The art of travel
Alain de Botton
Hamish Hamilton, 4.99
FOR millions of people, travel is the new religion. While churches grow emptier, the skies fill up with aeroplanes. Travel offers the readiest means of escape from anxiety and pointlessness. It gives tantalising glimpses of a better world. It makes everything seem simpler, easier, less fraught with responsibility. And yet, like religion, it leaves you wondering whether the whole caboodle is a giant exercise in self-delusion.
I offer this irreverent pensee as a first reaction to Alain de Botton’s thoughtful, amusing and quixotic guide to the torments and paradoxes of the modern pilgrim. He asks some good questions: how can we truly ‘escape’ when we are always condemned to travel in the company of our own bodies and minds? How can we avoid feelings of disappointment, anxiety or depression as we reach our longed-for destination and it doesn’t meet expectations? Suppose we feel too lazy to leave the hotel room? Or fight with our partner in paradise? And if we find beauty, tranquillity and happiness in our travels, how can we ‘possess’ them and preserve them? In short, how can we travel better?
He has plenty of useful advice. Like that other ‘Alain’ (Titchmarsh, the horticultural guru), he is an indefatigable improver, full of optimistic suggestions for transforming the unweeded gardens of our minds and filling them with bright flowers of wisdom, happiness and meaning. This is such an unusual thing for an intellectual to do these days (most believe it their duty to persuade us the world is more tragic and evil than we realise) that one has to fight off disbelief. Can there really be no mention of the awfulness of mass tourism? Pollution, economic exploitation, prostitution, destruction of local cultures, the smothering tide of sameness in food, hotel rooms, transportation...? Not a squeak. Just this funny, articulate character suggesting we become more receptive, more attentive, more open, that we enjoy it all more actively.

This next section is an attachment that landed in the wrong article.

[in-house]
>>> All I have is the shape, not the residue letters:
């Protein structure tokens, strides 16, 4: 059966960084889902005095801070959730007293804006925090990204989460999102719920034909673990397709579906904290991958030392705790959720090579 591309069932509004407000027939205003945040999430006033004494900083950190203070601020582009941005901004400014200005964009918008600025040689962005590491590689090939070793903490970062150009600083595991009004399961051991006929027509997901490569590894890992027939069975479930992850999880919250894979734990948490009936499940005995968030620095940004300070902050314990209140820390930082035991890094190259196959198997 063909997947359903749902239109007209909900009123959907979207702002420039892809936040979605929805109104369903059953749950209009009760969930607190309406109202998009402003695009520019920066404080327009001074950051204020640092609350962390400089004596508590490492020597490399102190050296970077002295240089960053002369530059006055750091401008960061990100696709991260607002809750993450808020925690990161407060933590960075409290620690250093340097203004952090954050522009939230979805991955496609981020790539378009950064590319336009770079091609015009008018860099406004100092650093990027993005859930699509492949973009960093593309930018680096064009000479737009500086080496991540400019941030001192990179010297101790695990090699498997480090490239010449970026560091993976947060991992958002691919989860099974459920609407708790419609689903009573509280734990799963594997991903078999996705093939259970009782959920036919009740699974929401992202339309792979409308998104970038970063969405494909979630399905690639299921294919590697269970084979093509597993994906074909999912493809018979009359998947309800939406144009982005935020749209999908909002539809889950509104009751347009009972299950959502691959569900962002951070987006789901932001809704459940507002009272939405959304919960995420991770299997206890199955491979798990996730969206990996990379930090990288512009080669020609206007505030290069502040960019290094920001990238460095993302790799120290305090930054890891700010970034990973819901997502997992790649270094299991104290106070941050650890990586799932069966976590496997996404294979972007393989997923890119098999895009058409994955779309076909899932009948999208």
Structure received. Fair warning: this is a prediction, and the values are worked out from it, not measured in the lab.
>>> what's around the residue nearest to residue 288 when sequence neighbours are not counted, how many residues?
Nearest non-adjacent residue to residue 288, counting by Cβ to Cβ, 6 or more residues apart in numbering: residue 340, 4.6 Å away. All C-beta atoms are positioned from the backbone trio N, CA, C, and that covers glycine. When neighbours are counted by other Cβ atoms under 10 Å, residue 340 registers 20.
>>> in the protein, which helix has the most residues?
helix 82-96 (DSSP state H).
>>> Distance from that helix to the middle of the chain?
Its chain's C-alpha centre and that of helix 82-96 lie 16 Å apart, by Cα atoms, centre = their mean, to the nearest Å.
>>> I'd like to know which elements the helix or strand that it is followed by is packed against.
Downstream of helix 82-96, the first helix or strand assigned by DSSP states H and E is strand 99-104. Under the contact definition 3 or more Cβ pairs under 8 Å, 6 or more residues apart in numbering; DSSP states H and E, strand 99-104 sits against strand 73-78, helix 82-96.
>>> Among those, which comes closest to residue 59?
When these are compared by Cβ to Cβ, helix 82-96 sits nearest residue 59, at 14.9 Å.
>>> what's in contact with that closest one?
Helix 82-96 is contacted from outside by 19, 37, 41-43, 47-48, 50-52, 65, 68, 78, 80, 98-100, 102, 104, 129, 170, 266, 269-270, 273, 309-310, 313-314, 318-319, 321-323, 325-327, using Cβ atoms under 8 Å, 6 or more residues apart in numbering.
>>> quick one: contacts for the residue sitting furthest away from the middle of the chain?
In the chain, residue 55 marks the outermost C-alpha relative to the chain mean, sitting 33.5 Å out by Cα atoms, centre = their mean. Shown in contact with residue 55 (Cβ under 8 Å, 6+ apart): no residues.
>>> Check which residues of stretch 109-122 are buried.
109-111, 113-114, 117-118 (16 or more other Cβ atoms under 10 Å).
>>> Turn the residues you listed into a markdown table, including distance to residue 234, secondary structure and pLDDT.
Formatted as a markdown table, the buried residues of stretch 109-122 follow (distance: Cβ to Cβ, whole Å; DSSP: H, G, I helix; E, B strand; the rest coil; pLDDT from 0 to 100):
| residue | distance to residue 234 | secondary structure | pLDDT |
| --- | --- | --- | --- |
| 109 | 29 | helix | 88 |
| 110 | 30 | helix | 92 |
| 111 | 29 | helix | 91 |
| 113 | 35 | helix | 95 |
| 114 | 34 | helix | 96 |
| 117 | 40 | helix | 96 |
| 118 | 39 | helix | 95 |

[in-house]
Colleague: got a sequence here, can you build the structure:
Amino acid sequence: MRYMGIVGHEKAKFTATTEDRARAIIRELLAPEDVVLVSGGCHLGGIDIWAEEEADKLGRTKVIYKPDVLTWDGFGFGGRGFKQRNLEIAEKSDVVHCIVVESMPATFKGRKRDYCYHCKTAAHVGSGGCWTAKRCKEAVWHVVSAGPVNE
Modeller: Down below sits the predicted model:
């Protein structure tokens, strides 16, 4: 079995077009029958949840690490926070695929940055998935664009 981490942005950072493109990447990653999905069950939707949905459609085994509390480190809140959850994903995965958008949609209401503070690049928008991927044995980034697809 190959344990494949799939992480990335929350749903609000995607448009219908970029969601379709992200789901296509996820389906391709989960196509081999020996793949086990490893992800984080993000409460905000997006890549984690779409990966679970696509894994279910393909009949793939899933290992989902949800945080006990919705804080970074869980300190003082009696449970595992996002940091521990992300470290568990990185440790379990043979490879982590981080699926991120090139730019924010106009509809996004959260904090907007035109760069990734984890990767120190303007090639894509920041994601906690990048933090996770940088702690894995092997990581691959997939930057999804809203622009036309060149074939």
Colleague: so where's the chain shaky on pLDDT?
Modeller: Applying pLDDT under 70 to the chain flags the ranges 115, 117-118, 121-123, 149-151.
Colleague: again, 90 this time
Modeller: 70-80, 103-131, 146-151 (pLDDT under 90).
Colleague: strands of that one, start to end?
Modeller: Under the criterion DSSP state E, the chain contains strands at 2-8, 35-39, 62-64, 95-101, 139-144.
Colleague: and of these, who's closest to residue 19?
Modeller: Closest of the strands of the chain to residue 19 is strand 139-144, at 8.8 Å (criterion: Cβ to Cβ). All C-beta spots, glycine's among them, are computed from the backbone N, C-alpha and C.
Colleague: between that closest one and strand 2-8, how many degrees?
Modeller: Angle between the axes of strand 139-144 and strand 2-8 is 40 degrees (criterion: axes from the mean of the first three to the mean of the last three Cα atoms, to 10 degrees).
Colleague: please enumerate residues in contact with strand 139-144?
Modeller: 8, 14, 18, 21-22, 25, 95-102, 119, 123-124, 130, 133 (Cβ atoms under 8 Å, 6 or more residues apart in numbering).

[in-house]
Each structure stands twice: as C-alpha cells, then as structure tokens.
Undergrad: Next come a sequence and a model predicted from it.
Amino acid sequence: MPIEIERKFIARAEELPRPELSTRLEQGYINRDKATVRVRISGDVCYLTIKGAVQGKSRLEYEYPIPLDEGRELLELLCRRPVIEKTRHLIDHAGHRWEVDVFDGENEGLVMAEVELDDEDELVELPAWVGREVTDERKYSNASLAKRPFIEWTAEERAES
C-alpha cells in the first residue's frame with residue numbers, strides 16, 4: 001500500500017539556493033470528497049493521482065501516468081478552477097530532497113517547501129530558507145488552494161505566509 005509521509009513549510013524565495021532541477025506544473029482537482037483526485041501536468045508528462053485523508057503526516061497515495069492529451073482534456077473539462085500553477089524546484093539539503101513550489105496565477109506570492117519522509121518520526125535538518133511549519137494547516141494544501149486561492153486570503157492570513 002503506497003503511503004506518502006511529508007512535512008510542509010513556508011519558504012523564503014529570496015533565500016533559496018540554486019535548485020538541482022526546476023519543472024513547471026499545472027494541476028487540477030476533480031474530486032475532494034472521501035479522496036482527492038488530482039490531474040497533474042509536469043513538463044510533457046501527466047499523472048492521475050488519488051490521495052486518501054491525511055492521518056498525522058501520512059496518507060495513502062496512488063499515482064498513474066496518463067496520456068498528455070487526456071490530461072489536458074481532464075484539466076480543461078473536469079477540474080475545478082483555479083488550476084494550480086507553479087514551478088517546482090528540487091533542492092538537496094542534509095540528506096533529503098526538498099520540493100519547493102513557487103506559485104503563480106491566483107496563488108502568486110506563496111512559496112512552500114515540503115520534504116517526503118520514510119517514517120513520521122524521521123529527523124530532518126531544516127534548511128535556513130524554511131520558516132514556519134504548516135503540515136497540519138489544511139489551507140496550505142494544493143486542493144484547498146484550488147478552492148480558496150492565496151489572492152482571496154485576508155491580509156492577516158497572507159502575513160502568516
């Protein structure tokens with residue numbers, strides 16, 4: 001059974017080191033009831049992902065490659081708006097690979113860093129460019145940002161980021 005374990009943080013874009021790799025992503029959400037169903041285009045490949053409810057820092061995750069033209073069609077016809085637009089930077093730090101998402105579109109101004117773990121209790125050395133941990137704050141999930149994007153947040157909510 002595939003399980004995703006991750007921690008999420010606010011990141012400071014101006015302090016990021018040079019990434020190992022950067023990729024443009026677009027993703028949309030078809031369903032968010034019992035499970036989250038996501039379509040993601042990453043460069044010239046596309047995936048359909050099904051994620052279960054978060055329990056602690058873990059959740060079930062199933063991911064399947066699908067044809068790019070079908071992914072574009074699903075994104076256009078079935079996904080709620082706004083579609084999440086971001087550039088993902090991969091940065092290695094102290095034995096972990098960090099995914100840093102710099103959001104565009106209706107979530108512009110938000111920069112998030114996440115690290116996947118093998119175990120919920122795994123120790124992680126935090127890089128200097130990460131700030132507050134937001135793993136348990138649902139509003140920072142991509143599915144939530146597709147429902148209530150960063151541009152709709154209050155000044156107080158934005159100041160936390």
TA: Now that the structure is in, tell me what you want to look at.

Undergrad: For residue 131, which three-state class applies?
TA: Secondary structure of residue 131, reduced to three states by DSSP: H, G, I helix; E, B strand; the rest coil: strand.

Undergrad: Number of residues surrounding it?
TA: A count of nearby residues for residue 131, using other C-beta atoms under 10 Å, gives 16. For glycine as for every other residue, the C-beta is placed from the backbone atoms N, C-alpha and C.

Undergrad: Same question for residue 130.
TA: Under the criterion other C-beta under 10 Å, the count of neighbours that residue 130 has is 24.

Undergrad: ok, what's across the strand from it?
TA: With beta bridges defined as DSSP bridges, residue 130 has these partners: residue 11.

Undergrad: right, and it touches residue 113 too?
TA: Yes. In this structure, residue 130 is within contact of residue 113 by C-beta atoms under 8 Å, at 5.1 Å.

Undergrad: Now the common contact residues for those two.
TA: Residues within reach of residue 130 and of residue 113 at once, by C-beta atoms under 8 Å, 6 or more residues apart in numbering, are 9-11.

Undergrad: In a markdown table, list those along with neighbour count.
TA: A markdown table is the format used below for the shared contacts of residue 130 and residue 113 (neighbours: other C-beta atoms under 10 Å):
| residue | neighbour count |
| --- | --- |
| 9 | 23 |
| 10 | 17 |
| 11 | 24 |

Parallels are drawn with the journeys of Flaubert, Baudelaire, Wordsworth and Xavier de Maistre. Painters are called in too. Vincent Van Gogh, Edward Hopper and John Ruskin are summoned as witnesses to the beauty of windblown cypress trees or the maudlin poetry of motorway cafes. Even Nietzsche - surely one of the most tortured beings to walk this planet - is quoted.
Of course, the search for happiness implies its opposite - and there is more than a hint that de Botton is a ‘problem traveller’. A spat about creme caramel, bouts of lethargy, neurosis and doubt, he sounds hell to travel with. Yet these comic details lighten up the more serious analytical passages, and prove that the prime candidate for de Botton’s remedies is the man himself. A cynic might say this must be why he is interested in the ‘art’ of travel in the first place - as he is clearly rubbish at it. But cynicism is inappropriate. This is a fine book: witty, alert, written with exemplary clarity and poise, just the thing for a wandering soul in a turbulent and uncertain age.
Alex Martin is co-editor of The Decadent Traveller.